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It's a question we hear all the time from NerdWallet readers, as well as from family and friends. And we usually respond with a non-answer answer: “It depends.” That's because the best credit card for you does indeed depend on many factors, including your goals, habits, lifestyle and credit history. The best card for you may not be the best card for someone else.
Plus, your needs can evolve over time. What works for you now may not suit you later on. You may even decide you need more than just one card.
Here's how to get a sense of what might be the best credit card for you at the moment.
There are several major credit card issuers and literally thousands of cards, but most fit into the following categories:
Here are some questions to ask yourself:
Look for a. Rewards cards tend to have higher APRs, and when you carry a balance, the interest you'll pay on it will likely offset any rewards you earn. So a rewards card wouldn’t be the best choice.
Consider a with a 0% intro APR period. When you check out offers, ask these questions:
is the most flexible type of credit card reward. But you’ll need to decide works best for you:
With , you earn points or miles that you can use to book travel or redeem for credit against travel expenses on your statement. This is great if you travel frequently. But if you don't travel much, or at all, your rewards will just pile up unused; in that case, a cash-back card is better.
Many rewards credit cards can give you more than enough back in rewards to make up for the annual fee. Still, if you're averse to fees in general, there are .
earn a percentage back of every dollar you spend. Typically, you can redeem for a statement credit or actual cash back. There are three kinds of cash-back cards:
If you spend a lot at a specific store, it may be worth getting that retailer's co-branded credit card for the rewards. For instance, the gives you 4% cash back on gas (up to $7,000 a year in spending), 3% back on restaurants and travel, 2% on all purchases at Costco and Costco.com, and 1% on everything else. Cash back is redeemable at Costco. The , meanwhile, earns 5% back on Amazon.com and at Whole Foods, along with 2% back at restaurants, gas stations and drugstores, and 1% on all other purchases.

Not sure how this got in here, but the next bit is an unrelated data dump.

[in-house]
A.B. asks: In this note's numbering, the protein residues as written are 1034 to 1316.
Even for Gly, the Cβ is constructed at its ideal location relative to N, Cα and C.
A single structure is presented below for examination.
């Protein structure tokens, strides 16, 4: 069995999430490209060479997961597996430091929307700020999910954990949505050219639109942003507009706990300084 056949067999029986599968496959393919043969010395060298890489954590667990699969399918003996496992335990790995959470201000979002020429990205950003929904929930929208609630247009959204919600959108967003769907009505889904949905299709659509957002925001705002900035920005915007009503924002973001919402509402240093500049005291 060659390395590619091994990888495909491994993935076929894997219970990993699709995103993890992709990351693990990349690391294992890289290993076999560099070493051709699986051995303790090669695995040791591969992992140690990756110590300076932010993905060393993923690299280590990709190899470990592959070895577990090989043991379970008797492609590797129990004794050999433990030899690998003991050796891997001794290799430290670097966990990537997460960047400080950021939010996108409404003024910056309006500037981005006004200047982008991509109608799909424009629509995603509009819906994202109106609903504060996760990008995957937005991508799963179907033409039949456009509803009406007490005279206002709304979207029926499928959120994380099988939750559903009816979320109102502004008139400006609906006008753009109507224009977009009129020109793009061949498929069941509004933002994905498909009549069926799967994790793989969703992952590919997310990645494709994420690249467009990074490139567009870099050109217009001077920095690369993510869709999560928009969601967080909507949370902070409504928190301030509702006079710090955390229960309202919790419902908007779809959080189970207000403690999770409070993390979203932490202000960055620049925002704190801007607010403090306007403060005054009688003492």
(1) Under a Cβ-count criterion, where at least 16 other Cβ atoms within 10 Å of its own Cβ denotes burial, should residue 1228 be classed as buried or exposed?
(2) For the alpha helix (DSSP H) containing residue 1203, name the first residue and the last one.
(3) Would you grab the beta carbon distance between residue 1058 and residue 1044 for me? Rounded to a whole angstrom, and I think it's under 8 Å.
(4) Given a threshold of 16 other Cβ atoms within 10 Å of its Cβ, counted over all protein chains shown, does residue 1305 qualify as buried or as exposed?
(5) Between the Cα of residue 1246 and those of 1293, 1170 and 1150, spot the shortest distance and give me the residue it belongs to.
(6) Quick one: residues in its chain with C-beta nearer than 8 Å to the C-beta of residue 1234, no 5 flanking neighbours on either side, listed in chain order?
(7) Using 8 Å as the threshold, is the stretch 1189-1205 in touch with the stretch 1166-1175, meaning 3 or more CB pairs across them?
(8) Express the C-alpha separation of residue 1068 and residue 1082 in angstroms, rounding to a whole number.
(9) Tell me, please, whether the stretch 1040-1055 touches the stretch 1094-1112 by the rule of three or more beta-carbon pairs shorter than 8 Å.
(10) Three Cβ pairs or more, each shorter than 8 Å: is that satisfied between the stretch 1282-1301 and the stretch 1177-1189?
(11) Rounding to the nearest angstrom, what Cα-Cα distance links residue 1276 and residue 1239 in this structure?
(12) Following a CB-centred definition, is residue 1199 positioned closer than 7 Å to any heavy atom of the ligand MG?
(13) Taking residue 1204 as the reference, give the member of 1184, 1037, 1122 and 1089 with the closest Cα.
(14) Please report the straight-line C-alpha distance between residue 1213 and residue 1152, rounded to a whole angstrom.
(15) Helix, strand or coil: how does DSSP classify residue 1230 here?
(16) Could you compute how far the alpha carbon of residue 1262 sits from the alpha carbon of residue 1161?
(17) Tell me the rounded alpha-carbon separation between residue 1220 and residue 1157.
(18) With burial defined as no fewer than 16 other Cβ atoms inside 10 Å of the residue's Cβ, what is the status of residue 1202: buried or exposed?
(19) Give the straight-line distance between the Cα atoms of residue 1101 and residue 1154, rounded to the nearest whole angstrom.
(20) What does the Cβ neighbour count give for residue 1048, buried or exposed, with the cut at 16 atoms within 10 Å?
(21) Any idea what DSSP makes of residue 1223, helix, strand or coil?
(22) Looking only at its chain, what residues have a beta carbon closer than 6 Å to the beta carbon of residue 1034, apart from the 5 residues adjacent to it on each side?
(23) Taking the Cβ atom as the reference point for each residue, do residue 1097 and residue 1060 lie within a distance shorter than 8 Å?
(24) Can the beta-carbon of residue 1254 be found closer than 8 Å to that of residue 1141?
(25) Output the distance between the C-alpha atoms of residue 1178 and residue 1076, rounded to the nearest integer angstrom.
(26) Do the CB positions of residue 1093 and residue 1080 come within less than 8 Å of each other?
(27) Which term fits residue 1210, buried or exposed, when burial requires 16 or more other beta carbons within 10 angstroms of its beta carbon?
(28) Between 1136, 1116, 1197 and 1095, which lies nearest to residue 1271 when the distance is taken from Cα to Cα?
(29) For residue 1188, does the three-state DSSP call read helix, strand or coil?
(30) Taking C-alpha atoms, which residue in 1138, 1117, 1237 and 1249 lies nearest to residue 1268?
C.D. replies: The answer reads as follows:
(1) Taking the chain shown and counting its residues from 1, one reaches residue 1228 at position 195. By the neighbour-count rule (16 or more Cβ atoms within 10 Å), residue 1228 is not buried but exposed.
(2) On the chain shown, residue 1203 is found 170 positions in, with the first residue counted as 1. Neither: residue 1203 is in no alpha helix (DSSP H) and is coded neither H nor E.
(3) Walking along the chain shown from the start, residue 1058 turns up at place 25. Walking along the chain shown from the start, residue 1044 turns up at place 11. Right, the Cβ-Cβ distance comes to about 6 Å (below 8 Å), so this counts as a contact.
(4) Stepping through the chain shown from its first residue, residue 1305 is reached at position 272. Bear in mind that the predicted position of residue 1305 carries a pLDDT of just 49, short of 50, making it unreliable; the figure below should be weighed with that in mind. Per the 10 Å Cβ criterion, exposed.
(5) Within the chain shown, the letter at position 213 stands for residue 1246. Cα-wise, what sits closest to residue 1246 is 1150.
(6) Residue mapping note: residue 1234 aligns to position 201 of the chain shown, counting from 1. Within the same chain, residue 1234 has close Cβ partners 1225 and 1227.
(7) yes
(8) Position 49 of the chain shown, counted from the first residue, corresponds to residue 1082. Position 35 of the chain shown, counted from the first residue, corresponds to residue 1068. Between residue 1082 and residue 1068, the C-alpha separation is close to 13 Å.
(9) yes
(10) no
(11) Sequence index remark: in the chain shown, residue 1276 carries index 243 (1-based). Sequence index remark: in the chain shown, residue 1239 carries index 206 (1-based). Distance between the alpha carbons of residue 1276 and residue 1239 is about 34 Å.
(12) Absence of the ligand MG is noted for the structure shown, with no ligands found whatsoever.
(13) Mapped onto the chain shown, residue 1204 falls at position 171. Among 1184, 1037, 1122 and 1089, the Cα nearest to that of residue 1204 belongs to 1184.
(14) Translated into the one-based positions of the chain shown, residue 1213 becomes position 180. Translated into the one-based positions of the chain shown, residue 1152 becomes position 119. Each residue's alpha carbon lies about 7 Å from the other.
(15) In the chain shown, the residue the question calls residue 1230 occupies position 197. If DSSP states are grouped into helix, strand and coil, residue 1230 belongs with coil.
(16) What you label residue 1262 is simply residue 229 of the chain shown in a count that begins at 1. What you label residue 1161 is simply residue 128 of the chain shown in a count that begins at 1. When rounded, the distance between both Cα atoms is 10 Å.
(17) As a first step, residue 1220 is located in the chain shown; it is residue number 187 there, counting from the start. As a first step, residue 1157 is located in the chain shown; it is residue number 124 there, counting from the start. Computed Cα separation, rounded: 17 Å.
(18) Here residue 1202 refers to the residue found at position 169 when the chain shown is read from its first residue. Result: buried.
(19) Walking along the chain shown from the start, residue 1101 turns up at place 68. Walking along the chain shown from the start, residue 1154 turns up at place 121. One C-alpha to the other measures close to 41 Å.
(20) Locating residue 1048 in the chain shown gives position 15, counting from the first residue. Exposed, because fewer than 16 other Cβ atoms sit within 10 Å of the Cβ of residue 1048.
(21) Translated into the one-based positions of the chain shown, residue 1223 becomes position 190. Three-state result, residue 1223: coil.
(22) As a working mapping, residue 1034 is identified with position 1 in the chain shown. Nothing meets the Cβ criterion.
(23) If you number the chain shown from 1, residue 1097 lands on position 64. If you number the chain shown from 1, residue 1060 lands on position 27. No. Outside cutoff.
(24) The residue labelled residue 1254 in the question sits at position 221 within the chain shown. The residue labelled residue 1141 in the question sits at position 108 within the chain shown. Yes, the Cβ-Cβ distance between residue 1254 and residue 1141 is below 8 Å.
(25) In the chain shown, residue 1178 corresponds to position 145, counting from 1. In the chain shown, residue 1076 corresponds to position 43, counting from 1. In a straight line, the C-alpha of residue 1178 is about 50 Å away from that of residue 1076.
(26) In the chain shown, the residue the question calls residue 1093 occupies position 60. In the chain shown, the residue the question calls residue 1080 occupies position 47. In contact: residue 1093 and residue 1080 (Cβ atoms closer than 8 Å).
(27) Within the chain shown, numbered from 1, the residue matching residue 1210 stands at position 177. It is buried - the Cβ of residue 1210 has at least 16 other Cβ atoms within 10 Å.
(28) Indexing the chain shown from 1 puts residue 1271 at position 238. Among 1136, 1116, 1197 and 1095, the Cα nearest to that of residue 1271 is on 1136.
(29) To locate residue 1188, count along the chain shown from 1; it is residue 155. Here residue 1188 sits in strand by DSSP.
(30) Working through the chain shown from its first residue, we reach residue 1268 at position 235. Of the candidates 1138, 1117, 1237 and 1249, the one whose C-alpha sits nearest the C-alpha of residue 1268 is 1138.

The more often you travel, the more value you stand to get out of a . In fact, found that domestic travelers who spent more than $8,600 per year on travel, or anyone who took at least one international trip per year, can benefit the most from travel cards. Travel cards fall into two basic camps:
Your ideal credit card, or combination of cards, also comes down to how much energy you care to expend on managing the contents of your wallet. You can keep things simple with one rewards card you use for everything, or pair multiple cards to maximize your earning potential. The "," for example, is popular with travel card fans.
Setting a strategy for redeeming rewards is important, too. Cash-back cards make it easier, requiring you to simply request a statement credit. Some travel cards operate similarly, allowing you to get a statement credit to cover past travel expenses, while with other cards, you cash in points to pay for travel booked through the card’s website.
So when it comes to "the best credit card," you can see why we say that it depends. When you’re shopping for your own best card, make sure you know what you can qualify for, as well as what type will best suit your goals or spending habits.
Credit cards may require applicants to have attained to qualify. That means that the best credit card for you needs to match where you are now in terms of your credit scores. (Your scores are just the start, though; income and other factors are considered when you apply.) Find out your credit score for free on the .
Cards listed on NerdWallet have a "recommended credit score," to give you a sense of whether you could qualify. Our allows you to filter cards according to credit score.
In general, the better your score, the better the cards you'll qualify for. Good to excellent credit (typically FICO scores of at least 690) can qualify you for higher rewards, lower interest rates and more perks. So if your credit score isn’t quite where you would want it to be, what can you do?
To view rates and fees of the , see .
Information related to the and the has been collected by NerdWallet and has not been reviewed or provided by the issuer of this card.